Domestic alternatives

But privacy groups have welcomed that precedent.

Caitlin Fennessy, of the International Association of Privacy Professionals, said: “The size of this record-breaking fine is matched by the significance of the signal it sends.

“Today’s decision signals that companies have a whole lot of risk on the table.”

It could make EU companies demand US partners stored data within Europe – or switch to domestic alternatives, she added.

Decade-long battle

In 2013, former US National Security Agency contractor Edward Snowden disclosed American authorities had repeatedly accessed people’s information via technology companies such as Facebook and Google.

And Austrian privacy campaigner Max Schrems filed a legal challenge against Facebook for failing to protect his privacy rights, setting off a decade-long battle over the legality of moving EU data to the US.

Europe’s highest court, the European Court of Justice (ECJ), has repeatedly said Washington has insufficient checks in place to protect Europeans’ information.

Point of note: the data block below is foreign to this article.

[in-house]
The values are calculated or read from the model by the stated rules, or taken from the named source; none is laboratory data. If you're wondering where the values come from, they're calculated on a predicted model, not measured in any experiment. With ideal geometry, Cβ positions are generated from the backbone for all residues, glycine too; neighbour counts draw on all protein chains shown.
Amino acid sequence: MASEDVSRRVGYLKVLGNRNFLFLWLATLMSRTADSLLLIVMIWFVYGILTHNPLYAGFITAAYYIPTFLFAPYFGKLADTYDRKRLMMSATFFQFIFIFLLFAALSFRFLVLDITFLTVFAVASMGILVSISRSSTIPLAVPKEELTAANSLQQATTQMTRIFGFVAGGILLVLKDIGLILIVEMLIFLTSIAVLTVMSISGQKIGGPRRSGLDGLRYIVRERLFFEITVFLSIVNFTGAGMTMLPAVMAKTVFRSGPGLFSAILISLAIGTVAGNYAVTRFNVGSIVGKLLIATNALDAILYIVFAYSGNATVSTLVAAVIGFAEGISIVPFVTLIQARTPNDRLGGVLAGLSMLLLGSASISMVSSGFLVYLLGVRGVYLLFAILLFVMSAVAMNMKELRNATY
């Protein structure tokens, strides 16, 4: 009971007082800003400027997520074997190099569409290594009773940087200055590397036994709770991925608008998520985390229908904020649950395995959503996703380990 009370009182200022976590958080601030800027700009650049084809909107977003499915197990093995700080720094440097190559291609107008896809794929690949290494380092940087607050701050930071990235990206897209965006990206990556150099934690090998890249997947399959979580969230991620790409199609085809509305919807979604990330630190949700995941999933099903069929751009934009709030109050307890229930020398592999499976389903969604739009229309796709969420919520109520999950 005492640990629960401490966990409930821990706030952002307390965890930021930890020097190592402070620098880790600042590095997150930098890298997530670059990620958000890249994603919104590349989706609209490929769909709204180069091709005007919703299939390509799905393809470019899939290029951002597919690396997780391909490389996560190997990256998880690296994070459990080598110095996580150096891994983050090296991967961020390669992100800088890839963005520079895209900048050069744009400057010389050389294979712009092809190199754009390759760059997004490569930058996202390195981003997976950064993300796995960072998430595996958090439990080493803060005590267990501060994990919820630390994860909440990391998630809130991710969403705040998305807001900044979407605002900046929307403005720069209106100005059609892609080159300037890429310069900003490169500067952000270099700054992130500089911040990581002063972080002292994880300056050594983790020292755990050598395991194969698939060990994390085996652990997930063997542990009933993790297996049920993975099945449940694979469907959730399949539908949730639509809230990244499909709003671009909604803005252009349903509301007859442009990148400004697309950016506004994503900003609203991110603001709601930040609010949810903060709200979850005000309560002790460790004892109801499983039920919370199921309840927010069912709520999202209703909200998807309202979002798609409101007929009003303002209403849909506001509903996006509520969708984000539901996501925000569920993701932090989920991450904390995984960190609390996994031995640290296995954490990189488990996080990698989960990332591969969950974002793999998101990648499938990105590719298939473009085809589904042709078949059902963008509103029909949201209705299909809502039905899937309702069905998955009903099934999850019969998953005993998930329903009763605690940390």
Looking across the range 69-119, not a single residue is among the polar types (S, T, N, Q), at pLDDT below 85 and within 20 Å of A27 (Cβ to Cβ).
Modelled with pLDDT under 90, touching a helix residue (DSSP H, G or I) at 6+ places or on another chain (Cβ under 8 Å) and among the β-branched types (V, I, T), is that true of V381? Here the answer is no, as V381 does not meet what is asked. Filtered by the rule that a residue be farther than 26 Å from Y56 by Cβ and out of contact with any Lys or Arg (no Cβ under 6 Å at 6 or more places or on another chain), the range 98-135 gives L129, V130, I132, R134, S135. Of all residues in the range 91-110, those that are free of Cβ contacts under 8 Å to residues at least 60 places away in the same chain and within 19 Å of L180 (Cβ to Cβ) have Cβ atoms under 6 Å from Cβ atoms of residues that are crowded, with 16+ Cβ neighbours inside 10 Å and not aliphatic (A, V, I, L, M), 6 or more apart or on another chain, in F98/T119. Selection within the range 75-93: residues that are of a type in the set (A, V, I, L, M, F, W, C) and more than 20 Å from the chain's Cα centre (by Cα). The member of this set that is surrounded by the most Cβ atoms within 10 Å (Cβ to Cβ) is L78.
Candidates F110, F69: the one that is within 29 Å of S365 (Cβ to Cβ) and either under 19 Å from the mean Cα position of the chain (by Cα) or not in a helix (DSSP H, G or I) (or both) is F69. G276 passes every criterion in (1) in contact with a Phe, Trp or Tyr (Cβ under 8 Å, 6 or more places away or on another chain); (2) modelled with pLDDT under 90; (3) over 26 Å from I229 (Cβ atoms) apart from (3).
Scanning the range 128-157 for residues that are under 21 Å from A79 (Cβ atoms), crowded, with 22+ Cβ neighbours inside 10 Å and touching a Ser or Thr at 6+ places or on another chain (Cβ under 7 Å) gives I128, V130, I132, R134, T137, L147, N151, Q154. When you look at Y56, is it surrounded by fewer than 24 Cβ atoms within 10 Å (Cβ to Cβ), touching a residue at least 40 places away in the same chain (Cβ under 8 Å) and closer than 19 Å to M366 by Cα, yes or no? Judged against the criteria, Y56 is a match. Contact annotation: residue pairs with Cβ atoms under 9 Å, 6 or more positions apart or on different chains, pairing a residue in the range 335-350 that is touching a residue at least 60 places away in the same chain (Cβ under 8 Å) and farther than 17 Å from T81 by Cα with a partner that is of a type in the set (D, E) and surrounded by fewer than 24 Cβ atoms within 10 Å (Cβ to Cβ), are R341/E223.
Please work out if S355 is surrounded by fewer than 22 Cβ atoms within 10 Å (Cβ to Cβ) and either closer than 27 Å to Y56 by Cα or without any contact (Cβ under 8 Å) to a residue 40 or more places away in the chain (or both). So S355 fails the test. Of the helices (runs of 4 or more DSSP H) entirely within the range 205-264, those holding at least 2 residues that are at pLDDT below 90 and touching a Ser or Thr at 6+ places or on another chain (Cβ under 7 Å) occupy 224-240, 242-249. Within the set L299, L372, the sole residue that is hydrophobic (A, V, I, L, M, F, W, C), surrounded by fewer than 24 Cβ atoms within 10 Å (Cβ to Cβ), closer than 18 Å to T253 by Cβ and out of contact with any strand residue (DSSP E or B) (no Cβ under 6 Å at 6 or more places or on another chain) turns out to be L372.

And in 2020, the ECJ, ruled an EU-to-US data transfer agreement invalid.

But the ECJ left the door open for companies to use SCCs, saying the transfer of data to any other third country was valid as long as it ensured an “adequate level of data protection”.

It is that test Meta has been found to have failed.

‘Fundamentally restructure’

Asked about the €1.2bn fine, Mr Schrems said he was “happy to see this decision after 10 years of litigation” but it could have been much higher.

“Unless US surveillance laws get fixed, Meta will have to fundamentally restructure its systems,” he added.

Despite the record-breaking size of the fine, experts have said they think Meta’s privacy practices will not change.

“A billion-euro parking ticket is of no consequence to a company that earns many more billions by parking illegally,” Johnny Ryan, a senior fellow at the Irish Council for Civil Liberties.

The US recently updated its internal legal protections to give the EU greater assurances American intelligence agencies would follow new rules governing such data access.

In 2021, Amazon was fined for similarly flouting the EU’s privacy standard.

Ireland’s DPC has also fined WhatsApp, another Meta-owned business, for breaching stringent regulations relating to the transparency of data shared with its other subsidiaries.